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PLUS researcher participates in study that determines effects of climate change on butterflies

21 February 2024
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Living on a warming planet requires humans, animals and plants to adapt to the changing annual temperature patterns. In a study now published in the journal "Global Change Biology", scientists from Austria, Poland and Germany, including environmental scientist Jan Christian Habel from the Paris Lodron University of Salzburg (PLUS), show that a number of butterfly species can be found earlier and earlier in the spring. The activity phases of many species have shifted forward by two or even three weeks.
The red admiral (Vanessa atalanta) on a Buddleja in Salzburg City, in early November 2023. | © Jan C. Habel

Global climate change is also becoming increasingly noticeable and visible in Europe:

Spring now starts much earlier here, while the growing season ends later in the year. This has a massive impact on European fauna and flora," explains Prof. Dr. Jan-Christian Habel, from PLUS.

While Prof. Dr. Thomas Schmitt, from the Senckenberg German Entomological Institute Müncheberg (SDEI) and the University of Potsdam, develops: "In our current study, we show that many butterfly species are being sighted earlier and earlier in the year".

Butterflies and moths adapt their life cycles to a warming world

The four researchers - from SDEI, PLUS, Haus der Natur Salzburg and Nicolaus Copernicus University Torun - used long-term observation data of butterflies and moths collected in northern Austria to investigate phenological shifts and changes in the number of butterfly generations. In total, the research team had more than 250,000 individual specimens of 2275 butterfly species, which were collected over an altitude gradient of 380 to 3105 metres in the period from 1900 to 2022.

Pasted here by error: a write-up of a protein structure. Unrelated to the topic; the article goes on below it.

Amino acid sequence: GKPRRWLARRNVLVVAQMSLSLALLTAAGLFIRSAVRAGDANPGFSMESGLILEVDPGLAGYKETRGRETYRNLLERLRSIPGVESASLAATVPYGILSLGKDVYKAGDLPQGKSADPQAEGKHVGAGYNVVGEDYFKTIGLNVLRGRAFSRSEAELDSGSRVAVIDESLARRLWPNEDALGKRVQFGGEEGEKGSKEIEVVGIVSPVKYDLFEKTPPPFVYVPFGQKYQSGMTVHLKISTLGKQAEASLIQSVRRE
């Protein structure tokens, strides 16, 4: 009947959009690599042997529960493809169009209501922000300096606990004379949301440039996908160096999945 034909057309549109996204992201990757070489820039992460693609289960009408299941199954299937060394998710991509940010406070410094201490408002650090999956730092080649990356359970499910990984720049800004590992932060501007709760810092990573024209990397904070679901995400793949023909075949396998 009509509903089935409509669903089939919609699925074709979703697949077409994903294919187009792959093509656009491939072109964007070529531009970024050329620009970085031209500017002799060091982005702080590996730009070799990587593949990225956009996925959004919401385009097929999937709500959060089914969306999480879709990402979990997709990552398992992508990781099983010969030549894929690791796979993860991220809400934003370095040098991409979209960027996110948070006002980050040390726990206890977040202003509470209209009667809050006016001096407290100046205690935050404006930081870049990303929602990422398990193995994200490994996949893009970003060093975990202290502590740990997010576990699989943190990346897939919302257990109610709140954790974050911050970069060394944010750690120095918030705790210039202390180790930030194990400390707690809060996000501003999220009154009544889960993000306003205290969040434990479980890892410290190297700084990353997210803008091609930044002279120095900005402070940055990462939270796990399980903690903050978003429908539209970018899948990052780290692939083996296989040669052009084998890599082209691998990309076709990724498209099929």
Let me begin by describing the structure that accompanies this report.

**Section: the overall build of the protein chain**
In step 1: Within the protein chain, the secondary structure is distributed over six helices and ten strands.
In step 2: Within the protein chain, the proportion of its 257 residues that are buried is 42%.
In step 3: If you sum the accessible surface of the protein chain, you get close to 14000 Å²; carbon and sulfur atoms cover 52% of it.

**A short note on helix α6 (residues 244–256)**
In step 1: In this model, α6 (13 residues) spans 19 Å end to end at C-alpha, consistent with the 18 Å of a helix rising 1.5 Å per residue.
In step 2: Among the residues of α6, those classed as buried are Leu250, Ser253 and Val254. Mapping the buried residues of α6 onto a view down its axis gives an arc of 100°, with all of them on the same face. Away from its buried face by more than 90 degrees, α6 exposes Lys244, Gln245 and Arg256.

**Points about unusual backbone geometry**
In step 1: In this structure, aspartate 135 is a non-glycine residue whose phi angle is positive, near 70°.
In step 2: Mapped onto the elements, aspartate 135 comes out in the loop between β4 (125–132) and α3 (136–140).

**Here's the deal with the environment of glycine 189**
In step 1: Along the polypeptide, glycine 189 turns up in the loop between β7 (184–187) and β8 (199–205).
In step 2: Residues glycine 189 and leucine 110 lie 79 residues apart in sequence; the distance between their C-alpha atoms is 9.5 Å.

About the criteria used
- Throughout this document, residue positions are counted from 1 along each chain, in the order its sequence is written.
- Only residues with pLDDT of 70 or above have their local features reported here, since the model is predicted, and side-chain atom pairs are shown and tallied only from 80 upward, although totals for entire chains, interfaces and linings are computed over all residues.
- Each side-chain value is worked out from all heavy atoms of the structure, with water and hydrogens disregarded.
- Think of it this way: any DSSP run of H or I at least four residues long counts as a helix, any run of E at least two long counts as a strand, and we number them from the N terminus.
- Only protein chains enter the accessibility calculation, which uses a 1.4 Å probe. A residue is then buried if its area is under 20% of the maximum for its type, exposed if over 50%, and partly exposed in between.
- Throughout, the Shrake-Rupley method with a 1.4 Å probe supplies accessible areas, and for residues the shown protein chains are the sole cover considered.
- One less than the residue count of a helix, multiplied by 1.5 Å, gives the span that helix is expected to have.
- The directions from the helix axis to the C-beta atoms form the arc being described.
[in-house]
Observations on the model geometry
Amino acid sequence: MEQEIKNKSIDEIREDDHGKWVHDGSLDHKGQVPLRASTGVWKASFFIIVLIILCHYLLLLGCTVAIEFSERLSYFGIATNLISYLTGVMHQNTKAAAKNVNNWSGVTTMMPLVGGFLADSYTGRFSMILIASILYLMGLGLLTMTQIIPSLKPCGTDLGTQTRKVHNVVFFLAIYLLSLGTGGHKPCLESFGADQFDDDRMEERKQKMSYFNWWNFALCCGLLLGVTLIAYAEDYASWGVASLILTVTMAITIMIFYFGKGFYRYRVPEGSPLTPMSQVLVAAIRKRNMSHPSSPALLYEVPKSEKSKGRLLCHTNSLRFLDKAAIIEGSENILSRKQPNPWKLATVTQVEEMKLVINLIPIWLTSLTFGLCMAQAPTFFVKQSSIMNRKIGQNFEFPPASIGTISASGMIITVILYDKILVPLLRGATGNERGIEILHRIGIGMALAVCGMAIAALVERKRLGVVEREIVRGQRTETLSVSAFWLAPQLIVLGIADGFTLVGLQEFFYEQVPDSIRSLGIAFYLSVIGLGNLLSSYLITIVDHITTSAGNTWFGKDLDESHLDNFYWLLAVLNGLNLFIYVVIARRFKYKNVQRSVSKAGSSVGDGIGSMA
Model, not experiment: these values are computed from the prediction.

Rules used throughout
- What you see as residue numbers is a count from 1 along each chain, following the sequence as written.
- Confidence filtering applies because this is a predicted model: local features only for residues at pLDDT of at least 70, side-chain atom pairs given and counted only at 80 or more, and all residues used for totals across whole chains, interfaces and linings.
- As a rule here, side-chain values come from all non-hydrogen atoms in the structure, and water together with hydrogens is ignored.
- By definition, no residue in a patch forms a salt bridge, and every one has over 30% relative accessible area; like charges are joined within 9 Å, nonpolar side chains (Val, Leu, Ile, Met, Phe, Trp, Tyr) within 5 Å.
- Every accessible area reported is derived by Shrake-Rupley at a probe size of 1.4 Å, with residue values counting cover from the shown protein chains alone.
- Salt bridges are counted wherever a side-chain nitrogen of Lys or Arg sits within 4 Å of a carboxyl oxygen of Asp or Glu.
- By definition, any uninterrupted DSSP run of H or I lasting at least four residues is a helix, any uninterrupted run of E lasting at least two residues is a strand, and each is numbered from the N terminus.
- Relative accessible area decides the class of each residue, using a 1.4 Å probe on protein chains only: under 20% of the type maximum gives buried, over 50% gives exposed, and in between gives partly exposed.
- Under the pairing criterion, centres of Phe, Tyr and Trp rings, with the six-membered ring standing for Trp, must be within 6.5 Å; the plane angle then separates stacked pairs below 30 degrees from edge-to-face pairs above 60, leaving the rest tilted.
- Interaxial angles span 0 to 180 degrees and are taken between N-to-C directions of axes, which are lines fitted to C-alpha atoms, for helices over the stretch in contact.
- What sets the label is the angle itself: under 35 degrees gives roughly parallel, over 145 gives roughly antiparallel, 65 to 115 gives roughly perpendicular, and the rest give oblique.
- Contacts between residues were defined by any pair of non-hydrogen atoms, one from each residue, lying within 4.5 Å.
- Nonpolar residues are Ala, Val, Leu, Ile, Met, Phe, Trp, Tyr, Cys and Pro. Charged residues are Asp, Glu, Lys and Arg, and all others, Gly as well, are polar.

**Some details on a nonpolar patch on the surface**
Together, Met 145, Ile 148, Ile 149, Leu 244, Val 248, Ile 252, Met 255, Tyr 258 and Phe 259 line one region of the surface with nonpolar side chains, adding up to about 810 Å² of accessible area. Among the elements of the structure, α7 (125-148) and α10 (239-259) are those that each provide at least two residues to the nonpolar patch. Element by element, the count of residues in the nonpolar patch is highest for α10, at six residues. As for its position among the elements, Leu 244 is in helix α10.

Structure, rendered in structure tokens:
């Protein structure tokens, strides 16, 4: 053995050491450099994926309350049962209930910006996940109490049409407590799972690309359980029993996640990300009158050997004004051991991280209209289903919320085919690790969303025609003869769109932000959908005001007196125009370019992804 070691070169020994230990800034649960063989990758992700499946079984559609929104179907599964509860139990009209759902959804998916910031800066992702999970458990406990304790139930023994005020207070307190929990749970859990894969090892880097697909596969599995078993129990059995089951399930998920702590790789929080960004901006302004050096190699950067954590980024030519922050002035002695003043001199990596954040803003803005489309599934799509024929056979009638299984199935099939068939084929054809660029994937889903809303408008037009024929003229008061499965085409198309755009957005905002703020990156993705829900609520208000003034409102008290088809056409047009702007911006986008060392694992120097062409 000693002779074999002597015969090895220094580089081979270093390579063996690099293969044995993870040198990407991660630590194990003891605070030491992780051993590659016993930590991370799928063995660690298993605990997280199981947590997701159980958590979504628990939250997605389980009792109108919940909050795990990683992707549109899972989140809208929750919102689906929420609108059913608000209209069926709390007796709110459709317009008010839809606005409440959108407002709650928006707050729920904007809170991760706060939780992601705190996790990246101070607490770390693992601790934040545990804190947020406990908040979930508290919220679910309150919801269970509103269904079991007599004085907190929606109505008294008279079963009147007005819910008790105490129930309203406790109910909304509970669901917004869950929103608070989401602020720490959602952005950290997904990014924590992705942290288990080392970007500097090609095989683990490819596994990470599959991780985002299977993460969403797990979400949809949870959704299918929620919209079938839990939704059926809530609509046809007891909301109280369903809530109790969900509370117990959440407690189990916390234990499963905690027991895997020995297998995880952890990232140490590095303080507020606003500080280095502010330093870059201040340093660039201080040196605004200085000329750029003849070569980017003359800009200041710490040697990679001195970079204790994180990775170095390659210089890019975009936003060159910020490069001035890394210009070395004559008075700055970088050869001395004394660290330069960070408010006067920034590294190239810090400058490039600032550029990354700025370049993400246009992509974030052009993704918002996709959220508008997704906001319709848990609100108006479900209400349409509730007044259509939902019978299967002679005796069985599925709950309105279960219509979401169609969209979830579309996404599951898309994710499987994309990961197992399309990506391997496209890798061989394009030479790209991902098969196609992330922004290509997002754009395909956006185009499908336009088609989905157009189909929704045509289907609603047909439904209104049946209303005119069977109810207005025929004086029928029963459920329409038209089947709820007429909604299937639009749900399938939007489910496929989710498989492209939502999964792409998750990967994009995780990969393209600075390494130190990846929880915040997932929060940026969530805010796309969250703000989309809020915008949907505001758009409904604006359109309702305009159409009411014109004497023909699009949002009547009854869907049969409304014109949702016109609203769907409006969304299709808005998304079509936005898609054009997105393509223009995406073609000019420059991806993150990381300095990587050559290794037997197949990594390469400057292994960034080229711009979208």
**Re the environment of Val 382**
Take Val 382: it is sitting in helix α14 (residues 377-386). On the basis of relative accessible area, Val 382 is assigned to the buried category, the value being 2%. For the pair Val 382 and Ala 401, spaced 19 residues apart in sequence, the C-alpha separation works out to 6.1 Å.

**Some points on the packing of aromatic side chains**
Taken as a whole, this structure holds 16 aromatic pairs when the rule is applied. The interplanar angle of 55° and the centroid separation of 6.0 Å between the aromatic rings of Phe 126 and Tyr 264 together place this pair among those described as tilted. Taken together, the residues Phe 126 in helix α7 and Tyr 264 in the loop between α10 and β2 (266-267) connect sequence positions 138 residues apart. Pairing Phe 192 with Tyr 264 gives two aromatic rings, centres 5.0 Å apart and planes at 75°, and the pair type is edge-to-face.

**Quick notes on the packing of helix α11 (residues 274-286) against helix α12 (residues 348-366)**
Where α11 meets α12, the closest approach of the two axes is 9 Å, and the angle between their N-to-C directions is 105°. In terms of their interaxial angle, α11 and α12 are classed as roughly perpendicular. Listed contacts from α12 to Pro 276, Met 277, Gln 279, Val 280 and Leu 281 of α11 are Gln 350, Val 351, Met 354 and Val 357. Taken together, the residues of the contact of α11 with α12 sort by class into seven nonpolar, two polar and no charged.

The analyses show that typical spring butterflies, such as the aurora butterfly (Anthocharis cardamines) or the small cabbage white (Pieris rapae), and moth species, such as the variable catkin owl (Orthosia incerta), begin to fly earlier in the year. The red admiral (Vanessa atalanta) can now survive the winter here, which was not the case 10 years ago.

These changes could have a negative impact on interactions between species. Interactions between different species - such as between moths and their food plants - have been established and optimised over thousands of years. Such a rapid change could result in the breakdown of these interactions - especially between animals and plants. This could have fatal consequences for the survival of numerous species. A further rise in temperature could therefore have devastating effects, especially at high altitudes", agree the two scientists.

Meet Prof. Dr. Jan-Christian Habel and find out more about the study from the original story, in German